In tennis, counterpunchers are the players whose games are built up around reacting to their opponent’s shots. There are two types of counter punchers–aggressive and defensive. They are essentially the same styles of play, that strives off of a high percentage tactic. But, on a closer look, there’s a subtle difference between the two styles. A defensive one simply retrieves the ball back as long as the opponent doesn’t finish the point. The subtle difference lies in the fact that an aggressive one will do almost the same, but with some interest and possesses the ability to finish off the point by themselves. And convincingly so. A big similarity in most defensive counterpunchers’ game is that their tactics revolve around a high percentage tennis–playing a safe game without any risk whatsoever, that is–unlike an aggressive counterpuncher.
To put that in perspective, imagine Roger Federer’s match against John Millman at the US Open. We all remember how the Australian was simply getting everything back in play waiting on a Federer error. And, let’s take into account Federer’s recent match against Roberto Bautista Agut in Shanghai. The Spaniard put everything back in play, but with interest and troubled Federer for the longest part of the match until the very last moment.
Now, why the annoyingly long preface explaining what a counterpunching style of play is? It’s to explain and delve a little to point out the subtle change that Croat rising star Borna Coric has gone through to make the necessary strides forward.
When he came on to the scene, he was the teen darling of tennis, beating Rafael Nadal at 17 and Andy Murray at 18 years of age, respectively, within a span of six tournaments. He entered the Top 35 at just 18, but ever since, the tremendous hype that was created around him had died down. And while the Alexander Zverevs, the Hyeon Chungs, or the Stefanos Tsitsipas captured all the front row seats, it’s almost as if Coric took the role of a sidekick.
Tennis players need obvious weapons in their games to make it big on the circuit. Having a definite weapon often serve as the difference between a good player and a great one. For example, Roger Federer has his serve and forehand, Nadal has his forehand and topspin, Novak Djokovic has his backhand and athleticism, and they all have achieved a boatload of accolades due to their weapons. Borna Coric, well, he never quite had those; but what he did have was an inherent capability to work hard that can separate him from his peers.
Since dropping in the rankings, his improvement has been steady. He figured out what he needed to do. And that’s where the aforementioned subtle improvement comes into play. When a player is inside top-50, they don’t require to make drastic changes to their games to take a step in the right direction. It can be a slight change in forehand technique, or a slight change in posture while serving and whole new possibilities arise for the aspiring player.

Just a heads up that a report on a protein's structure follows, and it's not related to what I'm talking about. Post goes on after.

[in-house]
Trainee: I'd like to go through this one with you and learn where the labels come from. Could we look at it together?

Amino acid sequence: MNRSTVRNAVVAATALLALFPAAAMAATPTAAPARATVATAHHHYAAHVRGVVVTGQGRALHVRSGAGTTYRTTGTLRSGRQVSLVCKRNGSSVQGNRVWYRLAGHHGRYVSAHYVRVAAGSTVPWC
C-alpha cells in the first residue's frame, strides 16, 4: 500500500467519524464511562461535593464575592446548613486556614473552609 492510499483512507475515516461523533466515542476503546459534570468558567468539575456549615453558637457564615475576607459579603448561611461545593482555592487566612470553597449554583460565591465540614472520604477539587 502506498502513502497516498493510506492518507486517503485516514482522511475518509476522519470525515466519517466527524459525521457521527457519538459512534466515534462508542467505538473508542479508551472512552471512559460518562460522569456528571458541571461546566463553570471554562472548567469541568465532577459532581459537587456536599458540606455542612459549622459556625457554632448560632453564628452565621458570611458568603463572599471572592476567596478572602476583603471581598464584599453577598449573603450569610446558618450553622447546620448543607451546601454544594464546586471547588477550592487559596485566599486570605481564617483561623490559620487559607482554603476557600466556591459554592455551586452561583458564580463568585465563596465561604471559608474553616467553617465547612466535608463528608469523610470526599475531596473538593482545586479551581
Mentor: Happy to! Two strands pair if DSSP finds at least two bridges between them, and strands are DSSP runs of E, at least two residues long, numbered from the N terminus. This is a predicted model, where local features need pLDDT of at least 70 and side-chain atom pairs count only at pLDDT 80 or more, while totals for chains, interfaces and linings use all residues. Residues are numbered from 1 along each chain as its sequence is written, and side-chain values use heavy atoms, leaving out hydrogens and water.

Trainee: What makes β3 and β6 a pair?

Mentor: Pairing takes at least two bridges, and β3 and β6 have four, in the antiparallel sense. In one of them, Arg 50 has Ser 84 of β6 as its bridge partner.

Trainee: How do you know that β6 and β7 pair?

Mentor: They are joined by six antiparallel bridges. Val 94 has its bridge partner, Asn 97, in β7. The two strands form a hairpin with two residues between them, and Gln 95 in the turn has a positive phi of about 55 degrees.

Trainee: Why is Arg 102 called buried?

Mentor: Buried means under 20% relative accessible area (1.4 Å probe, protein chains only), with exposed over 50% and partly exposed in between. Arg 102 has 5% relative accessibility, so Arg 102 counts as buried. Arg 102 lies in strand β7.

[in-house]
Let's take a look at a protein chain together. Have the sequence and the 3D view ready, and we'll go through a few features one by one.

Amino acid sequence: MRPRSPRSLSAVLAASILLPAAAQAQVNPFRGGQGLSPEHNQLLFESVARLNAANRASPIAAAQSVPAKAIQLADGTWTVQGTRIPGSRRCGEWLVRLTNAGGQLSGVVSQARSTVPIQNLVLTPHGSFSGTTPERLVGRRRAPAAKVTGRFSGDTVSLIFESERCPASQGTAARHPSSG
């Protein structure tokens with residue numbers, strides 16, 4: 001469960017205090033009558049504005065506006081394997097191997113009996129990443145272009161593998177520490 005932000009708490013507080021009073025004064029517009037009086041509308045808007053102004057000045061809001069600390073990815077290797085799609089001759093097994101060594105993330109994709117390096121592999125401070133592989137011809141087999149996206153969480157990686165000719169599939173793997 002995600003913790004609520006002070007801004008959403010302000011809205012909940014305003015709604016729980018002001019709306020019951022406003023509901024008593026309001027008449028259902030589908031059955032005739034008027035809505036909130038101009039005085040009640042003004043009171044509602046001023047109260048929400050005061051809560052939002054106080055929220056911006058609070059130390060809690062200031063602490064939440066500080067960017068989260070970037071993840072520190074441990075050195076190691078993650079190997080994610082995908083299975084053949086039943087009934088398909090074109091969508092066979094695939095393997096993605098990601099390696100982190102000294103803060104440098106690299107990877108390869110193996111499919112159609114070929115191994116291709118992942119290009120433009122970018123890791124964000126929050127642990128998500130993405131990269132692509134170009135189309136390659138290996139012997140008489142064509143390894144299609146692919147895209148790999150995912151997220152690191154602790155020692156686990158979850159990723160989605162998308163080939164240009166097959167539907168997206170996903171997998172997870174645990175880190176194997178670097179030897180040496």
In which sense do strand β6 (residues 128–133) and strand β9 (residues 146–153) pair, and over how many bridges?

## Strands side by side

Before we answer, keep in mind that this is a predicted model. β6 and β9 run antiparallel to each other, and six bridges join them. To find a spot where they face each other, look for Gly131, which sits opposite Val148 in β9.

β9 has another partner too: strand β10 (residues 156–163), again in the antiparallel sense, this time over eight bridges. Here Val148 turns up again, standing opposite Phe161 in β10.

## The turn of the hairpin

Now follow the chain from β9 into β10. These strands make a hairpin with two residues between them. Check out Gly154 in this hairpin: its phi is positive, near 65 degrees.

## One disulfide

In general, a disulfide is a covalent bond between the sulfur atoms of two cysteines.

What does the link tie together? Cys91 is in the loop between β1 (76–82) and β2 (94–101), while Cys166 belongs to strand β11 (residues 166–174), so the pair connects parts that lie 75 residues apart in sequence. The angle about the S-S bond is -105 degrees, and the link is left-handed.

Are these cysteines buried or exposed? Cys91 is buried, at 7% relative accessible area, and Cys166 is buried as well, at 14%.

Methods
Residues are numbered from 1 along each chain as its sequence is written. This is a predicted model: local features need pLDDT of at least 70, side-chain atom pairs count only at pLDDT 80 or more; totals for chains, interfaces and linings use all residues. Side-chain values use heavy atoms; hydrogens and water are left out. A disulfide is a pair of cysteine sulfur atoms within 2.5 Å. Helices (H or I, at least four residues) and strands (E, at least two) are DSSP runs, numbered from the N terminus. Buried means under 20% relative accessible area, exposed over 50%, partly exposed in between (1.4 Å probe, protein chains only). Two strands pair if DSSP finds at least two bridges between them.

Coric’s coach Ricardo Piatti–boasting of a coaching resume of taking Ivan Ljubicic from 900+ to 3rd, Milos Raonic from 11th to 3rd, and even coaching a young Novak Djokovic (parting ways only because he refused to work full-time with Djokovic)–had understood his problems. His subtle change in his forehand technique and most importantly, his change in style of play from a defensive to an offensive counterpuncher has paid dividends already.
Coric’s Shanghai Masters quarterfinal match-up against the Aussie Matthew Ebden showed exactly why he had drifted away from the spotlight for a while and now that he looks to be back, he should stay for a long while. His serve has considerably improved, almost to the point where he can expect to win a few free points on serve, something that wasn’t quite the case before. But, most importantly, against an offensive player like Ebden, he didn’t sit back and wait for the error. He took the initiative, went down the line whenever opportunity knocked instead of hitting another safe bet cross-court ball back in play. He attacked with confidence even after getting broken in the first game itself.
Also to note at this point that Borna Coric has physically improved, too. His shots are no weapon, yet, but they can very well be in the near future if he keeps getting stronger physically and technically the way he is right now.
Coric’s semifinal against Roger Federer will be his third match-up against the Swiss legend in 2018. Each one of the matches proved crucial in tracing his improvement over a period of time. During their Indian Wells semifinal, Coric called the shots, he attacked with courage and almost took the match from a struggling Federer. Coric was ranked 49th at the time. As it often happens to lower ranked players, he couldn’t maintain the same spirit throughout and failed to finish the job, losing 75 46 46.
During Halle final, Coric was Top 35 and matured up a bit more, finishing the job this time. He kept the plan simple–put the ball back in play with interest, wait for Federer to err and put away balls at any chance he gets. In the end, a surprising 76 36 62 win was his reward.
Now that they are facing off at Shanghai semifinals, it’s another step forward for Borna Coric. He’s guaranteed a Top 15 place next week with the run to the semifinal, being one of the most improved players this year. And thus, a lot more mature with a better understanding of how to execute the perfect game plan to dismantle Roger Federer. But, regardless of what happens on Saturday, Borna Coric has proven his point. He’s not going to go away anymore. It will be foolish to write him off at the big tournaments from now on..
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